~ Lady

 

Compassion is most applicable for those in need of it

Wednesday, August 29th, 2012

Compassion comes from a limitless well and we don’t have to dole it out sparingly. As a matter of fact, compassion is most called for in circumstances that try patience.

I think specifically of the Cleveland Five, mostly overgrown kids, young men who were part of the Occupy Cleveland movement. The FBI people came up with a plot to blow up a bridge, resources to do the plot, approached these young men with the idea, and encouraged and coaxed them to do it.

The five were among the most irresponsible of the bunch of activists—immature, some troubled. At least one of them had been to prison before.

But they are lovable despite all this, to me, at any rate. I’ve been through troubled times, and I think many excellent people have had these times, and it’s just something one gets over with time. These kids had an adolescent, creative spirit. I think of one of them and how he dressed, River Phoenix good looks, purposefully torn jeans. These kids wanted to be part of something larger than themselves.

The fact that they were caught up in a good movement was great (Occupy Cleveland operates according to principles of nonviolence), but unfortunately in Cleveland they were victimized by someone working on trying to discredit the movement.

The Cleveland Five had ideals despite falling for the plot. They thought outside of their own needs much of the time. They actually participated immensely in the maintenance of the info tent downtown. It was physically and mentally hard because one would not really know if another person was going to come for relief. Also, cold during the winter. Heck, they were out there all winter for lengthy periods of time, a lot of them!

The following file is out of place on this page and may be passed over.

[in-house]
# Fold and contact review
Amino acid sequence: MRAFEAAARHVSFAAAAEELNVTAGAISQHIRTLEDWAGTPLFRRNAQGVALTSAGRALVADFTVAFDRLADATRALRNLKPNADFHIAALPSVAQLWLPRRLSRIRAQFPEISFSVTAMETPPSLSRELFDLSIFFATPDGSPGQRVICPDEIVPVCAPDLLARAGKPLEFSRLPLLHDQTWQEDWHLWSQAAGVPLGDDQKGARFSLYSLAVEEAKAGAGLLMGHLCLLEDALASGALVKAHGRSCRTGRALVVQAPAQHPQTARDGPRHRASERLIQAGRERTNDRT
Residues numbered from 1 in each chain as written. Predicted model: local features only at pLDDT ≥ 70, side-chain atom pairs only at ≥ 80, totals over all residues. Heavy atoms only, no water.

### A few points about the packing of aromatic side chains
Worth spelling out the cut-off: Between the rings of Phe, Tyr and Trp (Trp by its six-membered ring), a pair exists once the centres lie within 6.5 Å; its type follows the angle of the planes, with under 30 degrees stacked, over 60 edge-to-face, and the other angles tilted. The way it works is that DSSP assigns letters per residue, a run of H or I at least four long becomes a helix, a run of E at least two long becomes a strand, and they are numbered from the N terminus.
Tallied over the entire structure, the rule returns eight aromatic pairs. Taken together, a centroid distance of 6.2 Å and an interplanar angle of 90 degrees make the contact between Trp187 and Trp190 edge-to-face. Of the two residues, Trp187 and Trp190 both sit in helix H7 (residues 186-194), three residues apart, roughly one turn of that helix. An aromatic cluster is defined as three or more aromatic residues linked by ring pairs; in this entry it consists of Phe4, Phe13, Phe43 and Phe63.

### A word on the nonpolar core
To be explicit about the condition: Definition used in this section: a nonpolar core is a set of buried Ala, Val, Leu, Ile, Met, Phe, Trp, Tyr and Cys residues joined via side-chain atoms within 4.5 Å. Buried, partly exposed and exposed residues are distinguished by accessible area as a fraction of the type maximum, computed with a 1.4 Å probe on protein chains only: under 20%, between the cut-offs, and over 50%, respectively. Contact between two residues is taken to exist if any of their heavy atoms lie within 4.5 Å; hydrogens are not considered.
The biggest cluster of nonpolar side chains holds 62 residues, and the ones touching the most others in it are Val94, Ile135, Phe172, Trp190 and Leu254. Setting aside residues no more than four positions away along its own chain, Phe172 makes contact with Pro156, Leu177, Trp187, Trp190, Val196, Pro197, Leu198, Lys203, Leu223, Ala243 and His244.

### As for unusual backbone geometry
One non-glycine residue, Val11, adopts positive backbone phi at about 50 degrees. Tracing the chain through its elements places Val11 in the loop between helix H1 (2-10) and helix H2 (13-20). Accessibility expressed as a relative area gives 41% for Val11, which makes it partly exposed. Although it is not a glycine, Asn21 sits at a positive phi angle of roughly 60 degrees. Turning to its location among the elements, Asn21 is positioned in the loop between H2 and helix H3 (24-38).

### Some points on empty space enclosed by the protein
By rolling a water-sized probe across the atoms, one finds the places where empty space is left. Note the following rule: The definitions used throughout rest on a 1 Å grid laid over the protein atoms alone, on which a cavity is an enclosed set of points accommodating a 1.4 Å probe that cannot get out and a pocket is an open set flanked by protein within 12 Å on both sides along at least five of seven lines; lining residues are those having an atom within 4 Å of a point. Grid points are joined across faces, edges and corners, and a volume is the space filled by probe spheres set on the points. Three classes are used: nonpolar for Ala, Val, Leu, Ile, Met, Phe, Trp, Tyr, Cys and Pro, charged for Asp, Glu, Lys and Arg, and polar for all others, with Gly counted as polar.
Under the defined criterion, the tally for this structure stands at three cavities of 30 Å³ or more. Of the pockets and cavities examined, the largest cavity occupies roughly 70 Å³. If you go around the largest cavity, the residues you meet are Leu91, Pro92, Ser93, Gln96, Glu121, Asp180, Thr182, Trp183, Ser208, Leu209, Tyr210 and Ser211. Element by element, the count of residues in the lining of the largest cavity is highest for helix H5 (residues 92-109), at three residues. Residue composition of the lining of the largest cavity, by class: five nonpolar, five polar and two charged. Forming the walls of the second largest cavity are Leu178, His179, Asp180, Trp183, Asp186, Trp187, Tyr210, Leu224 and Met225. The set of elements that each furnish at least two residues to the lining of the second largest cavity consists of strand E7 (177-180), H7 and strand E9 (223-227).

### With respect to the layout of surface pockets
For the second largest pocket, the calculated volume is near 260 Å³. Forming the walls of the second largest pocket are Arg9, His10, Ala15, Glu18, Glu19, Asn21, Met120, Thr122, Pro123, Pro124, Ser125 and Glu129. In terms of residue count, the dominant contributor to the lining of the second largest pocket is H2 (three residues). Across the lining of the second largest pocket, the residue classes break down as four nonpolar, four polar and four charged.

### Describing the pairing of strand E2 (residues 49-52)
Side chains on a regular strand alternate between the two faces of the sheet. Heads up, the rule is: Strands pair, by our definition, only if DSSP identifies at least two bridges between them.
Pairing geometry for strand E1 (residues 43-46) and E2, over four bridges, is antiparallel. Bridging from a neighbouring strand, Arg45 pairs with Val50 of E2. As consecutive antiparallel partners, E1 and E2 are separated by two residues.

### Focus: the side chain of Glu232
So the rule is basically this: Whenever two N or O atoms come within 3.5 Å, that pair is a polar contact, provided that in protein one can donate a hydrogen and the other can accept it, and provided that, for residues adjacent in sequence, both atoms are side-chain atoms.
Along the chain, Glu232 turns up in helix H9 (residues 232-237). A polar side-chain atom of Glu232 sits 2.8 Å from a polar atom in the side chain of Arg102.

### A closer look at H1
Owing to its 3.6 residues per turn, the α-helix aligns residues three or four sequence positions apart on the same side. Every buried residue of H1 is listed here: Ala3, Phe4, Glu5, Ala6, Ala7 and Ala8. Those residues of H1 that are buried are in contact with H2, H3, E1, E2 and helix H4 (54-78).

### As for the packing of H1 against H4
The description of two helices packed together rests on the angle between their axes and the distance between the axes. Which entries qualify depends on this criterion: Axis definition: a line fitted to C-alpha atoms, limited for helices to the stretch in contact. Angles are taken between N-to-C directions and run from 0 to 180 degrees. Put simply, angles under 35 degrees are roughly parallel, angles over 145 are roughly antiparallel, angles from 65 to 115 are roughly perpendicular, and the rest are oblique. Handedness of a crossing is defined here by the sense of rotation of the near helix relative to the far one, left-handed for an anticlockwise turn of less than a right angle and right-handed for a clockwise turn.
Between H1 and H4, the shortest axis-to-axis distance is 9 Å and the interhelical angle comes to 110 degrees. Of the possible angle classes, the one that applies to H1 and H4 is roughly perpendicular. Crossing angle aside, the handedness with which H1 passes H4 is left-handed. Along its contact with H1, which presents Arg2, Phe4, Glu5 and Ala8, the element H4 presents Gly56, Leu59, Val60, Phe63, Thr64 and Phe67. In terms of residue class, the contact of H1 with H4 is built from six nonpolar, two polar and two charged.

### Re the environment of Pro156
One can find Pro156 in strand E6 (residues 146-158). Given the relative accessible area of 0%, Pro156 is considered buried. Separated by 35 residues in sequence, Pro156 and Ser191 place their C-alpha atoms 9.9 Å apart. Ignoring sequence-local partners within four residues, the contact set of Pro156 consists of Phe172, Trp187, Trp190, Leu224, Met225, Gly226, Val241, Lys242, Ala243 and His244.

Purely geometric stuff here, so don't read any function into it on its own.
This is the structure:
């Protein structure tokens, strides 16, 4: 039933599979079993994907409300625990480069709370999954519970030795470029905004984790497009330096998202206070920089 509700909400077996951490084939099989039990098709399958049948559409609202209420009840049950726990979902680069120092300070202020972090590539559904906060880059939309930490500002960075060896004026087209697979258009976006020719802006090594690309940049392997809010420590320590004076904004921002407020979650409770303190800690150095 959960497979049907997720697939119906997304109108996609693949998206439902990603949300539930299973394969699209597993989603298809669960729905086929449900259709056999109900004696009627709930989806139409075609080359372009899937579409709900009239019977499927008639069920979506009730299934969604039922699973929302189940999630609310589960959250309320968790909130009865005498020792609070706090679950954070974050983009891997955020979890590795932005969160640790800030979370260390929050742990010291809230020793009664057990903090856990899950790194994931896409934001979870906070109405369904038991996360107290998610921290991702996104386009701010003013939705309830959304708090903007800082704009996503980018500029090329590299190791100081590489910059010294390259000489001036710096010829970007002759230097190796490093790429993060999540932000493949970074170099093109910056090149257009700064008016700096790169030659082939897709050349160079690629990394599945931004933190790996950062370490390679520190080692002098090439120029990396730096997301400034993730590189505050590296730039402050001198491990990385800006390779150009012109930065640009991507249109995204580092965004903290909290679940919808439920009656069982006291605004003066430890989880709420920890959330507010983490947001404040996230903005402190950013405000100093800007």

They helped feed the homeless and they also made Public Square safer. Crime went down in the square when the movement was there. And these young men were a part of the movement.

I felt that due to their immaturity, remnants of adolescent anger and bravado, they were more susceptible to the person who was working for the FBI. The FBI person came up with the plot and supplied the means. Without him doing that, the young men would’ve not done anything like what they are being punished for.

It was unfair. It was like creating a virtual reality environment in which no harm can be done (because the explosives were set up to not work) and luring susceptible people in, but then punishing them for real as though they’d masterminded the situation.

Another analogy: it’s like those FBI people were drug pushers going around a junior high school tempting students. In that case, the law might penalize the drug pushers rather than the junior high school students who fall for the drugs. The students might get counseling whereas the pusher might go to jail.

In my opinion the proper course of action is for the young men to go to psychiatric hospitals for a year or so and then be released. And for the FBI to be investigated by Congress and/or its own internal quality control mechanisms such that it stops entrapping people! Entrapment like what the FBI did = causing bad situations. Entrapment does not equal solving problems. Entrapment only equals causing problems.

You can help with legal costs of four of the five here…

~ Lady